Fevers in Dogs and Cats

Ask PHP Pete!

Dear PHP Pete,

How can I tell if my dog or cat has a fever? Are there signs/symptoms? What should I do if my pet has a fever?


Hot Under the Collar

Fevers in dogs and catsDear Hot Under the Collar,

The normal body temperature range for a cat or dog is approximately 100-103°F. Temperatures above 103°F might be either a true fever or hyperthermia.

Hyperthermia occurs in situations such as:

  • Overheating
  • Strenuous activity
  • Increased anxiety (such as a visit to a veterinarian’s office)
  • An underlying medical condition

Hyperthermic animals sense that they are over-heated. They may pant, have bright pink gums, or become agitated or distressed. They may also exhibit cold-seeking behaviors.

During a true fever, the animal’s internal “thermostat” (set by the hypothalamus in the brain) has been reset to a higher temperature. This makes the animal feel cold. As a result, he or she may exhibit symptoms such as:

  • Shivering
  • Huddling
  • Having goosebumps
  • Seeking heat
  • Undergoing behavioral changes such as lethargy, depression, or reduced appetite
Causes of Fevers Examples Include…
Infections Viral, bacterial, fungal, or caused by other microorganisms. Bite wounds, tick bites, and communicable diseases are a few possible sources of infection
Inflammation (non-infectious) Inflammatory bowel disease, pancreatitis
Immune disorders Polyarthritis, systemic lupus erythematosus
Neoplastic (cancer) Lymphoma, leukemia
Drugs Tetracycline, cephalosporins, penicillins

Taking Your Pet’s Temperature

  1. Apply a lubricant (such as petroleum jelly or baby oil) to the tip of a digital rectal thermometer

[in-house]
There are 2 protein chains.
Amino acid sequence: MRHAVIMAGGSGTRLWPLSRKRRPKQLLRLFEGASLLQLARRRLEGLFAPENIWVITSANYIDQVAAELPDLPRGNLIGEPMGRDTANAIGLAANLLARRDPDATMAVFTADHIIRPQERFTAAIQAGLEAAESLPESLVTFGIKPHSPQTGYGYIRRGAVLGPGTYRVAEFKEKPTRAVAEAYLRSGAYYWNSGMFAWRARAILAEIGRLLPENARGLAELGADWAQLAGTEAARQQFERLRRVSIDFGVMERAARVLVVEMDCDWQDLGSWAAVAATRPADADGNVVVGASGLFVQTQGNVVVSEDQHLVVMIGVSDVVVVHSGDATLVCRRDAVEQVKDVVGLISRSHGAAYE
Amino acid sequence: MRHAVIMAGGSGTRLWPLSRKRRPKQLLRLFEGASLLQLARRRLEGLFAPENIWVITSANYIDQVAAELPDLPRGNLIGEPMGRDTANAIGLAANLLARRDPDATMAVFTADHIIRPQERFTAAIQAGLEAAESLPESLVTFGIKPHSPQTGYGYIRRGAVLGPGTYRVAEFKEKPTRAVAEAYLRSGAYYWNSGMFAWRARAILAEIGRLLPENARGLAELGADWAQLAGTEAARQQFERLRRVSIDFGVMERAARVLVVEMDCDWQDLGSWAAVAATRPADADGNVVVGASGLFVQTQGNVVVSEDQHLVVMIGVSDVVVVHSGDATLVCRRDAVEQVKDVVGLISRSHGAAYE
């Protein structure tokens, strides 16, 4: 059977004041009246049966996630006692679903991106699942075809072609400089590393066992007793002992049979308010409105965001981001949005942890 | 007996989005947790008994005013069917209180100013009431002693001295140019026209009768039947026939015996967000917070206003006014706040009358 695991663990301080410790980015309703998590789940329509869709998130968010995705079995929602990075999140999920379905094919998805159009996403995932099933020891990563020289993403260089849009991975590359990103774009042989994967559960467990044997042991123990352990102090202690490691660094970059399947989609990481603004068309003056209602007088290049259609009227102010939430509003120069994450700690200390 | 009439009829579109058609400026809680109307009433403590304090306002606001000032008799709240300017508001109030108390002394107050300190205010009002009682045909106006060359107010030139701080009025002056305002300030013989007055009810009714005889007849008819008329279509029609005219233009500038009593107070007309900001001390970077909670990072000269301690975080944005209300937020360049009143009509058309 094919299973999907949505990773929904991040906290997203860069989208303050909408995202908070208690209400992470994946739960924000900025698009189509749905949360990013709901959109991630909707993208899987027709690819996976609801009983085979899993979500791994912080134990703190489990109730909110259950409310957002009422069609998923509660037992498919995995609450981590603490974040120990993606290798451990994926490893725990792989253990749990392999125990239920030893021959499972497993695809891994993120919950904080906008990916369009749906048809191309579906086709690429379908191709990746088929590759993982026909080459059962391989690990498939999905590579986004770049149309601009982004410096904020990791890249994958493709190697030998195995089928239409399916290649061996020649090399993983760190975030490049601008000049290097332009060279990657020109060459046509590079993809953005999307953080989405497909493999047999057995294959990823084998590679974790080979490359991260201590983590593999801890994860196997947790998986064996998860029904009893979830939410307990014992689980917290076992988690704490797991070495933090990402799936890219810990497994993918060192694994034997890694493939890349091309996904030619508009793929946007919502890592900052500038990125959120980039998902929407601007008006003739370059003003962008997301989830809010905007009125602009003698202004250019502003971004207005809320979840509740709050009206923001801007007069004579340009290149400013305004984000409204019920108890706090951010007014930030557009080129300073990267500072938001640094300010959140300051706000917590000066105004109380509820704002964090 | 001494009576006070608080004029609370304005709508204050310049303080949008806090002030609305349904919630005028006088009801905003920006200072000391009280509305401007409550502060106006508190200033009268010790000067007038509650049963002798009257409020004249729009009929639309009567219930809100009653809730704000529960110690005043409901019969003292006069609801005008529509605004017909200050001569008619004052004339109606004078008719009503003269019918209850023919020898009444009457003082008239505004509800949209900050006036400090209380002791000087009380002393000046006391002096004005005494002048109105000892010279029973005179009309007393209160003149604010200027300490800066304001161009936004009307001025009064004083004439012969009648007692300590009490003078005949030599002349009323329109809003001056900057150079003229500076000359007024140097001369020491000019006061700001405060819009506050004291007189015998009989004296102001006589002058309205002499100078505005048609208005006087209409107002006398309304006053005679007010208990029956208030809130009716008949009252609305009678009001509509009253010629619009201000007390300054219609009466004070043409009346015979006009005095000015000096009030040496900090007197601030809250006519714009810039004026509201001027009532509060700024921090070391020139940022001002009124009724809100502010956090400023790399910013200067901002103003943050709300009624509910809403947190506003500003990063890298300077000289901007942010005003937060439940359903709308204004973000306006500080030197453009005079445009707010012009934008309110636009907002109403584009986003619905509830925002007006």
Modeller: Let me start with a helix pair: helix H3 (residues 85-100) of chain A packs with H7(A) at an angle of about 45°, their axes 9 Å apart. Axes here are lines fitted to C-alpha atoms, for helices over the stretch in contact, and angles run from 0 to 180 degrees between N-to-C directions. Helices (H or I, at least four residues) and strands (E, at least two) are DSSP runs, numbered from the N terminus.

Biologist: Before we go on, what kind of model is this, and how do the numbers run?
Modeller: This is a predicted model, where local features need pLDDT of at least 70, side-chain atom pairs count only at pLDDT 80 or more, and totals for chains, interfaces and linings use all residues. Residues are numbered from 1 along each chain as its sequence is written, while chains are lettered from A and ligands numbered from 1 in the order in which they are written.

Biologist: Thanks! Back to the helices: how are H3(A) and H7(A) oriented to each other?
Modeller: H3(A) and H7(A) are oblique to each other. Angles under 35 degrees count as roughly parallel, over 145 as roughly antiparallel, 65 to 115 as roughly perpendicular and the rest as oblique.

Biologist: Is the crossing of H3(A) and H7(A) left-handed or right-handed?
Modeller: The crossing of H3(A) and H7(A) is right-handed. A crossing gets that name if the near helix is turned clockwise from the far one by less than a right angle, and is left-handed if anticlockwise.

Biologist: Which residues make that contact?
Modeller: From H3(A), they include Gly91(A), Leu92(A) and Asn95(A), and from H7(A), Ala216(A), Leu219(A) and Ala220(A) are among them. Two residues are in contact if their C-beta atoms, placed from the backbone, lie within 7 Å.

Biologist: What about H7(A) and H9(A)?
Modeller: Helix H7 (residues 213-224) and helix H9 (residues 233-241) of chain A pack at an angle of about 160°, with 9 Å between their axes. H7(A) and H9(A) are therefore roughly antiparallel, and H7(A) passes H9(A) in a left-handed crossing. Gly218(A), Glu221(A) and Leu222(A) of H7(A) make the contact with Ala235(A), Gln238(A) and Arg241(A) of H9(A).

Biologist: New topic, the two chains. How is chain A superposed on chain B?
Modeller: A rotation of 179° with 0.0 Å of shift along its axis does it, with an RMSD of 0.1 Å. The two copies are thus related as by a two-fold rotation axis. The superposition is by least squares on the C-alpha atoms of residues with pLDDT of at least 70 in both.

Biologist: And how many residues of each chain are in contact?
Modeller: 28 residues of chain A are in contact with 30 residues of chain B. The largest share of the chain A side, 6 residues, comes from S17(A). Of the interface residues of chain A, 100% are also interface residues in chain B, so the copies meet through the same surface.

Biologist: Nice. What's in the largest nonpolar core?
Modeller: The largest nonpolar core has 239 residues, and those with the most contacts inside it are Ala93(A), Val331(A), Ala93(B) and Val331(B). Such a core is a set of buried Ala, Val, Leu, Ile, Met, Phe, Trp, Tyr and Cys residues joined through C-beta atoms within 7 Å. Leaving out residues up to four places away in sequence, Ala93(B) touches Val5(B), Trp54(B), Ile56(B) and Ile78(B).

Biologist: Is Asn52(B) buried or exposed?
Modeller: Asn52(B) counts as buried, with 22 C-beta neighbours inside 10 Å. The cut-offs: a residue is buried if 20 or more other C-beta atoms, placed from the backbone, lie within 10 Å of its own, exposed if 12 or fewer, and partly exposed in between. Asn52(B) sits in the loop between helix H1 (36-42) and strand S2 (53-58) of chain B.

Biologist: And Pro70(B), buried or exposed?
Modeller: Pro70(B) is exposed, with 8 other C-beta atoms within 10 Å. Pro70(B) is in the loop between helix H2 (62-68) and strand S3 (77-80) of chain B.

2. Gently insert about 1 inch into the rectum
  3. Push the button, and wait for the beep

If the temperature is above 103⁰F you should see your veterinarian. A temperature of 106⁰F or above may be life-threatening and requires immediate assistance.

Diagnosing a Fever

Your veterinarian may use a variety of methods to determine the underlying cause of a dog or cat’s fever. A physical examination includes listening to the heart and lungs, as well as feeling along the body for areas of pain or swelling. Scans or tests may also be conducted, such as:

  • Bloodwork
  • Cultures
  • Urinalysis
  • Ultrasound

Determining a Treatment

The signs and symptoms accompanying a fever may point to its source. For example, coughing or wheezing may indicate an upper respiratory infection. Identifying the underlying reasons for the fever will allow the veterinarian to decide on potential treatment options, which may involve:

  • Fluids for dehydration
  • Antibiotics (bacterial infections)/ antifungals (fungal infections)
  • Immunomodulating drugs
  • Cancer drugs

Never give human fever medications to a dog or cat. Examples include acetaminophen, ibuprofen, or aspirin. They can be toxic or even deadly!


Remember, fevers are not always caused by bacterial infections – antibiotics will not be effective against fevers with non-bacterial causes. A veterinarian will determine the best course of action for your pet.

Yours Truly, PHP Pete